Nevertheless, I'm not sure how it played but even though it was directly signed to PP, TC Ellis' account on how he was signed makes it clear his contract was drafted by WB, and we know the label was at liberty to refuse certain records (Margie Cox' 1989 record, Gold Nigga and the 1993 Madhouse 24), as well as to shut down the label as they eventually did. At all times, it remained a joint venture.

Similarly, again according to Alan, no Prince album was ever really released by the label: WB simply allowed Prince to stick the label's logo on the records to give the label some visibility, but all Prince records were in fact WB Records.

Back in 1992 there were rumors that P's new contract entitled him to launch a second vanity label called after the unpronounceable symbol (that was before Prince made it his own name). I've never heard of that ever since and, if it was true (which I doubt), I have no idea what that second label was supposed to be for.

Another unsolved mystery is what made Prince suddenly decide to not turn NPG Records into a proper successor label to PP, as was intitially planned (as proven by 1-800 New Funk and that whole planned-then-cancelled series of releases and PP rereleases that Edel was supposed to put out in Europe).

A COMPREHENSIVE PRINCE DISCOGRAPHY (work in progress ^^): https://sites.google.com/...iscog/home
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Reply #17 posted 06/11/18 3:30am

databank

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jungleluv said:

I always thought that all music released on P Park was either written/produced by Prince. Well u learn something everyday! Got a new love by Good Question is one of those forgettable songs.

Lots of it wasn't. Many records contained little involvement by Prince. Some none at all.

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Reply #18 posted 06/11/18 10:43am

TrivialPursuit

databank said:

TrivialPursuit said:


No, PP was a full on record company early on, like Atlantic or whatever. Tons of bands recorded there. Movies were filmed there (like Grumpy Old Men). He has zero input on that, nor did he offer anything to most of the bands who rented studios there. I can't imagine a Prince song on an REM album.

You're confusing Paisley Park Records and Paisley Park Studios. Not the same thing.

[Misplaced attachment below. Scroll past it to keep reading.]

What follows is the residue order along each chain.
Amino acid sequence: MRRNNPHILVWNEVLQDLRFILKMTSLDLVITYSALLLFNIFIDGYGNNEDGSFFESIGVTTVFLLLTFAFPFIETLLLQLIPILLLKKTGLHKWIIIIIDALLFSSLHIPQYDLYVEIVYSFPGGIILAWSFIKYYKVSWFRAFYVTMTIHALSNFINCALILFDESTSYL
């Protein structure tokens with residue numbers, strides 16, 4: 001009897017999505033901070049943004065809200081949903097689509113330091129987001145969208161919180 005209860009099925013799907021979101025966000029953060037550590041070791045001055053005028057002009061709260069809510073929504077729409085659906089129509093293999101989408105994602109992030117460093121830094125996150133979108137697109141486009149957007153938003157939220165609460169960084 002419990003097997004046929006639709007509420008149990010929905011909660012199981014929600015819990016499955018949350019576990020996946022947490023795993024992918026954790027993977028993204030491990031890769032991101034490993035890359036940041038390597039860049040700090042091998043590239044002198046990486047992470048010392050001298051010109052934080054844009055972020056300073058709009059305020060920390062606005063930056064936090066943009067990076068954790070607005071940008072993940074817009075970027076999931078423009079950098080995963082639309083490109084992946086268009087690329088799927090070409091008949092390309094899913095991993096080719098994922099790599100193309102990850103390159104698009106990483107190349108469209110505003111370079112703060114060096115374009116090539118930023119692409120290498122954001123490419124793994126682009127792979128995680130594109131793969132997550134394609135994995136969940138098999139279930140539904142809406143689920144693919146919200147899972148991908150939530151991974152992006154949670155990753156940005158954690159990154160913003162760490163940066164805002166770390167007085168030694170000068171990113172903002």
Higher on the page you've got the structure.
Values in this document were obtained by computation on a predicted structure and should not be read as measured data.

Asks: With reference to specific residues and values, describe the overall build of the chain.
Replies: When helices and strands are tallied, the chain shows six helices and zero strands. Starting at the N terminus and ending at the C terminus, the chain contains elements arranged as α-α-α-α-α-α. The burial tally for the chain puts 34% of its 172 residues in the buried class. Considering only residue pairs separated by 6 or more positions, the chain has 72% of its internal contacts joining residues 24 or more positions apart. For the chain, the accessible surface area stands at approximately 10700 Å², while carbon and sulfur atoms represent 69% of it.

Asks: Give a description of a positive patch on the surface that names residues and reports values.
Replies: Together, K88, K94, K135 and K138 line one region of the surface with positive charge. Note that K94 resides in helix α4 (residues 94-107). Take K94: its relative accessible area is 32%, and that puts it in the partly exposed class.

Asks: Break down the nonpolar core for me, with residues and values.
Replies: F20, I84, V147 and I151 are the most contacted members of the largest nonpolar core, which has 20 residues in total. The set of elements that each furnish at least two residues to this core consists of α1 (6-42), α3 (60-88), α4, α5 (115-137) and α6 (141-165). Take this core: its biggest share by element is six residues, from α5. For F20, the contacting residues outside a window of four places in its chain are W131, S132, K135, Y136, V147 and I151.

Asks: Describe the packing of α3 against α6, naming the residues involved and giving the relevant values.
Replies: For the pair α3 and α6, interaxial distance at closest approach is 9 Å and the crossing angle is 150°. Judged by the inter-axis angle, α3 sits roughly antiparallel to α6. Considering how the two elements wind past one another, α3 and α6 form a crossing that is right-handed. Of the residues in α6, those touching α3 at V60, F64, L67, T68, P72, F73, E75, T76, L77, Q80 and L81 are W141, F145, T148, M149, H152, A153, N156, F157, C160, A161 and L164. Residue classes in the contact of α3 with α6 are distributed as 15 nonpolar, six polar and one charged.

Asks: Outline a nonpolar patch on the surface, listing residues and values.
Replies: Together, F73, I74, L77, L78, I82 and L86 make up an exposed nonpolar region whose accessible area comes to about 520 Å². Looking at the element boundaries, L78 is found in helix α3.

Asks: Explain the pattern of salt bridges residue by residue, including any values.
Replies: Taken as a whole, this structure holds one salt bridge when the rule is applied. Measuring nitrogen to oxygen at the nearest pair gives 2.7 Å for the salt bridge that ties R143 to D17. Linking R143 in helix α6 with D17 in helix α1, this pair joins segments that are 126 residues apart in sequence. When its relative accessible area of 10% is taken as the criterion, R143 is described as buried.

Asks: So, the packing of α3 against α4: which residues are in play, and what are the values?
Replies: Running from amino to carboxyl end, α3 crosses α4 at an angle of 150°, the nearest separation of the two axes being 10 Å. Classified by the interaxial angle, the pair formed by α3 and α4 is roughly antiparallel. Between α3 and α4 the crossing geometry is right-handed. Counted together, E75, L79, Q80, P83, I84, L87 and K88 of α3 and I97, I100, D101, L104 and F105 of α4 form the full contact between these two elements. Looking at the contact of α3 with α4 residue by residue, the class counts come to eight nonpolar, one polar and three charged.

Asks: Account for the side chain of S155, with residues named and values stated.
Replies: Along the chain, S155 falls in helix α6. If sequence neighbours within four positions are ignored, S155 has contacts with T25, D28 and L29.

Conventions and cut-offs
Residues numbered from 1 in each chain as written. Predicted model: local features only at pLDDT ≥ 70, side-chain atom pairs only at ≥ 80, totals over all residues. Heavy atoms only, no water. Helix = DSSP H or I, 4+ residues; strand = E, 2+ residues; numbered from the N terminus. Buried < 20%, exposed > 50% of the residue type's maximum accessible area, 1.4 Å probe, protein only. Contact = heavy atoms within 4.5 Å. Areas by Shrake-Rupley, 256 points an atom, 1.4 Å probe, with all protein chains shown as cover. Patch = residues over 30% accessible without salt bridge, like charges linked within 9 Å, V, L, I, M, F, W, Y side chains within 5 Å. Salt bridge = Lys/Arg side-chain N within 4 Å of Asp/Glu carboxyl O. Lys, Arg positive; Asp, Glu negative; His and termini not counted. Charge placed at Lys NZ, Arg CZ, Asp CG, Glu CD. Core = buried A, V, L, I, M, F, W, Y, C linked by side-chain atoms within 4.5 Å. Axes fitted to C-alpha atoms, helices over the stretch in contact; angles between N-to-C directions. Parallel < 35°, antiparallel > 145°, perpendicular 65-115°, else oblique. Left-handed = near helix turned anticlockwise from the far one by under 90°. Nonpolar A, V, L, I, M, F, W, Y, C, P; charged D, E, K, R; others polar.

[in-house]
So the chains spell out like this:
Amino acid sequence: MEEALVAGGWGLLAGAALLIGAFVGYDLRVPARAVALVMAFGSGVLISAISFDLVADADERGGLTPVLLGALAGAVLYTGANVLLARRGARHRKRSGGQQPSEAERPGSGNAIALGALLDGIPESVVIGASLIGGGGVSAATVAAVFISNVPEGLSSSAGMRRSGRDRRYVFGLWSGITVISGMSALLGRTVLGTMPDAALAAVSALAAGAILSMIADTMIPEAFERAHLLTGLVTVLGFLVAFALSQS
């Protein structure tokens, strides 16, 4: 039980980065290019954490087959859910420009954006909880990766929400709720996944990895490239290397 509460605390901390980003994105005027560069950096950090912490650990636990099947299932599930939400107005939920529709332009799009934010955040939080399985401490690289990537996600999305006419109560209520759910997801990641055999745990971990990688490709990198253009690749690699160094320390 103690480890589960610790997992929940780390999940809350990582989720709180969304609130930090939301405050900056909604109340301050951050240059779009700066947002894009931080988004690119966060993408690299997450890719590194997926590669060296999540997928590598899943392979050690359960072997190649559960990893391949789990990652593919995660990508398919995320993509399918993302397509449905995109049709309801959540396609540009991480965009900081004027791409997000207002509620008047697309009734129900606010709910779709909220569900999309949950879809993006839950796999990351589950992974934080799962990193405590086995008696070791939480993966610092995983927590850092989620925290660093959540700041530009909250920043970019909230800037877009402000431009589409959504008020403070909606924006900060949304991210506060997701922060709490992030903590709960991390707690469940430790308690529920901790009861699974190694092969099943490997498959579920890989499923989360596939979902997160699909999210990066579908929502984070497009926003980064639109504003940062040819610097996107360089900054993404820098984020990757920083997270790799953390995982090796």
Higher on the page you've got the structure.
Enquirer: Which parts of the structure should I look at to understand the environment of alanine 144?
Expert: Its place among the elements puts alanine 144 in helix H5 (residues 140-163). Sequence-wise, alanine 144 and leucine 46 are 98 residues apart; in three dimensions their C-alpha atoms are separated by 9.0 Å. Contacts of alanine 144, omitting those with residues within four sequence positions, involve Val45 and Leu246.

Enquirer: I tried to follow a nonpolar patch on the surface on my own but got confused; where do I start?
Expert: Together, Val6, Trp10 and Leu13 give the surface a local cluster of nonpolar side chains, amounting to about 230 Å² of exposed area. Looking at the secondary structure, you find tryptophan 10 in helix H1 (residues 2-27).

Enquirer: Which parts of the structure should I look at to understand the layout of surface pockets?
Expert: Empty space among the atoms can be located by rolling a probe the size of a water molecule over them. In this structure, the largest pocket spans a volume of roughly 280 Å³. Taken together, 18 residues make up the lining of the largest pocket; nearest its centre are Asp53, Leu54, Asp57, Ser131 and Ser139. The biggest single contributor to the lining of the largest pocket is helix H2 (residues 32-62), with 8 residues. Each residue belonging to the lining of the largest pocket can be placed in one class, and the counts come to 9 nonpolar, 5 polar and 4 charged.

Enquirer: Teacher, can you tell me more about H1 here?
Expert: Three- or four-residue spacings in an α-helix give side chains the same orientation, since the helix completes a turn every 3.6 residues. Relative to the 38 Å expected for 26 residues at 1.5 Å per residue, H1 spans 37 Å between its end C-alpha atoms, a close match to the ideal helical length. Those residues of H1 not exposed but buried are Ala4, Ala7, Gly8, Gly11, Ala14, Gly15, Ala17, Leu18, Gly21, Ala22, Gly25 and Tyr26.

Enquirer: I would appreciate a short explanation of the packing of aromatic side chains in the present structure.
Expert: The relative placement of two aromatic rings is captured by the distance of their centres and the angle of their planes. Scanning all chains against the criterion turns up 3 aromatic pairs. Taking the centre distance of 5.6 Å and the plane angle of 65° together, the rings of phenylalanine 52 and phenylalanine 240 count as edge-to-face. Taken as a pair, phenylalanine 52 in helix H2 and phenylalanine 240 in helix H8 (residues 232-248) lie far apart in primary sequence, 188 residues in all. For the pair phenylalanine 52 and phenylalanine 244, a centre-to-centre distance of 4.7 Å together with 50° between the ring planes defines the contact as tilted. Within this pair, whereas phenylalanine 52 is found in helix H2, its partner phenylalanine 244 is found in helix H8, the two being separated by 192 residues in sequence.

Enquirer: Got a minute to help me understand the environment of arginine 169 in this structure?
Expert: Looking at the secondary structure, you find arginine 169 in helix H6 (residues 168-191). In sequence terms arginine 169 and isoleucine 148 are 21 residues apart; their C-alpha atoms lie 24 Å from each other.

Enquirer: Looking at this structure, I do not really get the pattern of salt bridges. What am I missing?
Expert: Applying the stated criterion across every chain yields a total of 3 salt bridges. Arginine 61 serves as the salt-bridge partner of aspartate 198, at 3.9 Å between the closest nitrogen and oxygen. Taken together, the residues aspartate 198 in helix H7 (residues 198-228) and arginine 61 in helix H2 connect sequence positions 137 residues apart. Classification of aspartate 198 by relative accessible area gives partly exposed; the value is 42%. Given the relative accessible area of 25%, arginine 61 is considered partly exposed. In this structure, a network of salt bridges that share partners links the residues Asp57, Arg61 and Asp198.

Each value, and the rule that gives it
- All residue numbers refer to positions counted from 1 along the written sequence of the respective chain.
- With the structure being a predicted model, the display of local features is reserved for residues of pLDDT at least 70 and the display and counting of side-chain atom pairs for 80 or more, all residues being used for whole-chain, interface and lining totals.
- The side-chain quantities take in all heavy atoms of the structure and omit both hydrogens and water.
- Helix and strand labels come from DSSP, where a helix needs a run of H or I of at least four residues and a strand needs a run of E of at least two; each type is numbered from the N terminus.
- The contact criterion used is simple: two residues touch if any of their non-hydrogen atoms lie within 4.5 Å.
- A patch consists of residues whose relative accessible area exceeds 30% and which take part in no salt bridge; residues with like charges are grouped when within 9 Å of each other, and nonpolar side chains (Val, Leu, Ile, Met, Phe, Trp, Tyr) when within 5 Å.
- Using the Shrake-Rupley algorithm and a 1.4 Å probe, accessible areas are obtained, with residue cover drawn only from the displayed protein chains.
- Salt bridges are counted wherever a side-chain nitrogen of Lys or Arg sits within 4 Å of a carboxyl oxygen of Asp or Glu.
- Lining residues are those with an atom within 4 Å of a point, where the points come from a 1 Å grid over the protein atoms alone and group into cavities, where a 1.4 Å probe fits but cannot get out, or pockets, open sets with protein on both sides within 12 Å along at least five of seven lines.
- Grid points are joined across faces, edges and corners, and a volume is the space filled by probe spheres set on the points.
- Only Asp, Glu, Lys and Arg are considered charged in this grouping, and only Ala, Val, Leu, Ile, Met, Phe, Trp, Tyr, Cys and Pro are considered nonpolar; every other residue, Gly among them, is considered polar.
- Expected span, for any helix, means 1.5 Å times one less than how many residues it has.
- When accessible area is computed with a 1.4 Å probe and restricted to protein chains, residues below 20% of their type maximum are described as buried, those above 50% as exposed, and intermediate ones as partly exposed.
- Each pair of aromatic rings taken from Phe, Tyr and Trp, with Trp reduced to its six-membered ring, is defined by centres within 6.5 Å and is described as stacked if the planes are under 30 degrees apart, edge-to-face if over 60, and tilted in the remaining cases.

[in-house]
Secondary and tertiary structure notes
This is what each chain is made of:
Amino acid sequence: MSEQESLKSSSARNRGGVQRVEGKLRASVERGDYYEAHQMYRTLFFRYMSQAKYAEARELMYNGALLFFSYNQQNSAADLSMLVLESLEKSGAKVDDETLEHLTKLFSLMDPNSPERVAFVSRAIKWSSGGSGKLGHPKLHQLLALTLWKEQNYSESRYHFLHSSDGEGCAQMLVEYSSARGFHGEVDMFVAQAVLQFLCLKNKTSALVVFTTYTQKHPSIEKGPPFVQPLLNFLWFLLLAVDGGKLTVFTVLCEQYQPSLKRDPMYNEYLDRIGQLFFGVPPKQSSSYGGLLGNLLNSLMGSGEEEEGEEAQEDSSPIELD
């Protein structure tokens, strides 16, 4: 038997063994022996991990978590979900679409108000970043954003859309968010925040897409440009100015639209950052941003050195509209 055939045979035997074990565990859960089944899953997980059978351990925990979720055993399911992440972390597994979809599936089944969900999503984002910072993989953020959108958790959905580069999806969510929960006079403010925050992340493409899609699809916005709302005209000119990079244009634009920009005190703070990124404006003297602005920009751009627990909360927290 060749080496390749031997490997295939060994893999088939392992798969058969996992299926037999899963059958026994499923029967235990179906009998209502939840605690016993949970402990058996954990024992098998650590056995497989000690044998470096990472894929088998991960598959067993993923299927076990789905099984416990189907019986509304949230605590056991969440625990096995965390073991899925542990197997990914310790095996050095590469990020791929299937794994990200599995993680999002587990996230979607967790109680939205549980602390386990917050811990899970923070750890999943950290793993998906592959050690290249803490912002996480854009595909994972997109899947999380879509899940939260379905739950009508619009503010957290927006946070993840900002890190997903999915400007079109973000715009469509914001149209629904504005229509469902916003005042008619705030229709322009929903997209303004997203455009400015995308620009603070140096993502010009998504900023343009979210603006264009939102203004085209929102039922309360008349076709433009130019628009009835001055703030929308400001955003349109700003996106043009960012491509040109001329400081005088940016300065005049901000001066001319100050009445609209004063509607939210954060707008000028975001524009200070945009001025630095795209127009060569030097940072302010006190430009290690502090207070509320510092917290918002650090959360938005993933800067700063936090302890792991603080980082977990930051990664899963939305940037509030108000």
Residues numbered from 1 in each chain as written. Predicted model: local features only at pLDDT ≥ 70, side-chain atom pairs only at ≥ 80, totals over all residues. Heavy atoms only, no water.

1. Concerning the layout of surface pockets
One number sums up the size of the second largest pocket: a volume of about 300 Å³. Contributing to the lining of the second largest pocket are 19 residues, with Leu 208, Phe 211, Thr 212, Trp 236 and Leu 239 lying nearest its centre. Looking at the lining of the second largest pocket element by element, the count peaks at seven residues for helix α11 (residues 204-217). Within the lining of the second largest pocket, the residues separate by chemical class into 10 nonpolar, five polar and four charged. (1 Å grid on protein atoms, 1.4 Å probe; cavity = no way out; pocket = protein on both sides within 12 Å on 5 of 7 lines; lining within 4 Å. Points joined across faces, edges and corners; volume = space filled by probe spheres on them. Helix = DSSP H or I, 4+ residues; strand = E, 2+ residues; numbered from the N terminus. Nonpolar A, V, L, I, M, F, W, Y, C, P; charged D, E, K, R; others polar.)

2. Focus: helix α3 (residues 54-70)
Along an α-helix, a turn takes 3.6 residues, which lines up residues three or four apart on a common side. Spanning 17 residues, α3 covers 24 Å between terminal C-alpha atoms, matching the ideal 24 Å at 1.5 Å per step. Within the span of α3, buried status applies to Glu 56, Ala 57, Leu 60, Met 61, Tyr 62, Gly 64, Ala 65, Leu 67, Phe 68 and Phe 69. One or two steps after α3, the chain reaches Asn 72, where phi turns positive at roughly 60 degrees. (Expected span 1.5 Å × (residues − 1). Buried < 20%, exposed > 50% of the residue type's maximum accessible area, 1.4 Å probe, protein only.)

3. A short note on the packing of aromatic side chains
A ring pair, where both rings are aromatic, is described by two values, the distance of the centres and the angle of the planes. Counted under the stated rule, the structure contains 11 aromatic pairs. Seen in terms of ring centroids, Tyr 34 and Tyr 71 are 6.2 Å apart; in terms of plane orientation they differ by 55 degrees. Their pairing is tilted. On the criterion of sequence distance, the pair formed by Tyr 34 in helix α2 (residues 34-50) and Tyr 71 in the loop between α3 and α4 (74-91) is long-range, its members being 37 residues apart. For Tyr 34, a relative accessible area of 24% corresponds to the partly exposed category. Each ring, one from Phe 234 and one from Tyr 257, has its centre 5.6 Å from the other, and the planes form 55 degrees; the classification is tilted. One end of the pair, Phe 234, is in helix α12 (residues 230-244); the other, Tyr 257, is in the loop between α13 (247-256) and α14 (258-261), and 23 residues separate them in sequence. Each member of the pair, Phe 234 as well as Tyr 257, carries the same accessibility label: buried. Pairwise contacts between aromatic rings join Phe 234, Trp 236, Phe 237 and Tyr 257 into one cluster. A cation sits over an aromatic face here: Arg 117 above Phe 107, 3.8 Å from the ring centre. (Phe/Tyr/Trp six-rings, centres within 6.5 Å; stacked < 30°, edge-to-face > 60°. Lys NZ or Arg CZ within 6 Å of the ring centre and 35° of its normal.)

I'm clear on what I said.

This experience will cover courtship, sex, commitment, fetishes, loneliness, vindication, love, and hate.
http://bit.ly/1D3FG2U
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Reply #19 posted 06/11/18 10:59am

databank

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TrivialPursuit said:

databank said:

You're confusing Paisley Park Records and Paisley Park Studios. Not the same thing.


I'm clear on what I said.

Obviously you're not.

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Reply #20 posted 06/11/18 12:24pm

TrivialPursuit

databank said:

TrivialPursuit said:


I'm clear on what I said.

Obviously you're not.


Yes because you are the one person in the world that can actually read minds. Yet, here you are, on the Org, Bart-ing it up. Girl, bye.

This experience will cover courtship, sex, commitment, fetishes, loneliness, vindication, love, and hate.
http://bit.ly/1D3FG2U
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Reply #21 posted 06/11/18 1:41pm

databank

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TrivialPursuit said:



databank said:




TrivialPursuit said:




I'm clear on what I said.



Obviously you're not.





Yes because you are the one person in the world that can actually read minds. Yet, here you are, on the Org, Bart-ing it up. Girl, bye.


I can read POSTS. Don't write stuff then tell people they should read your mind instead of your posts. I know what I've read, I ain't crazy. And don't shoot the messenger: I am not responsible for PP Records being a different thing than PP Studios. Go blame Prince Or God if you're unhappy with this.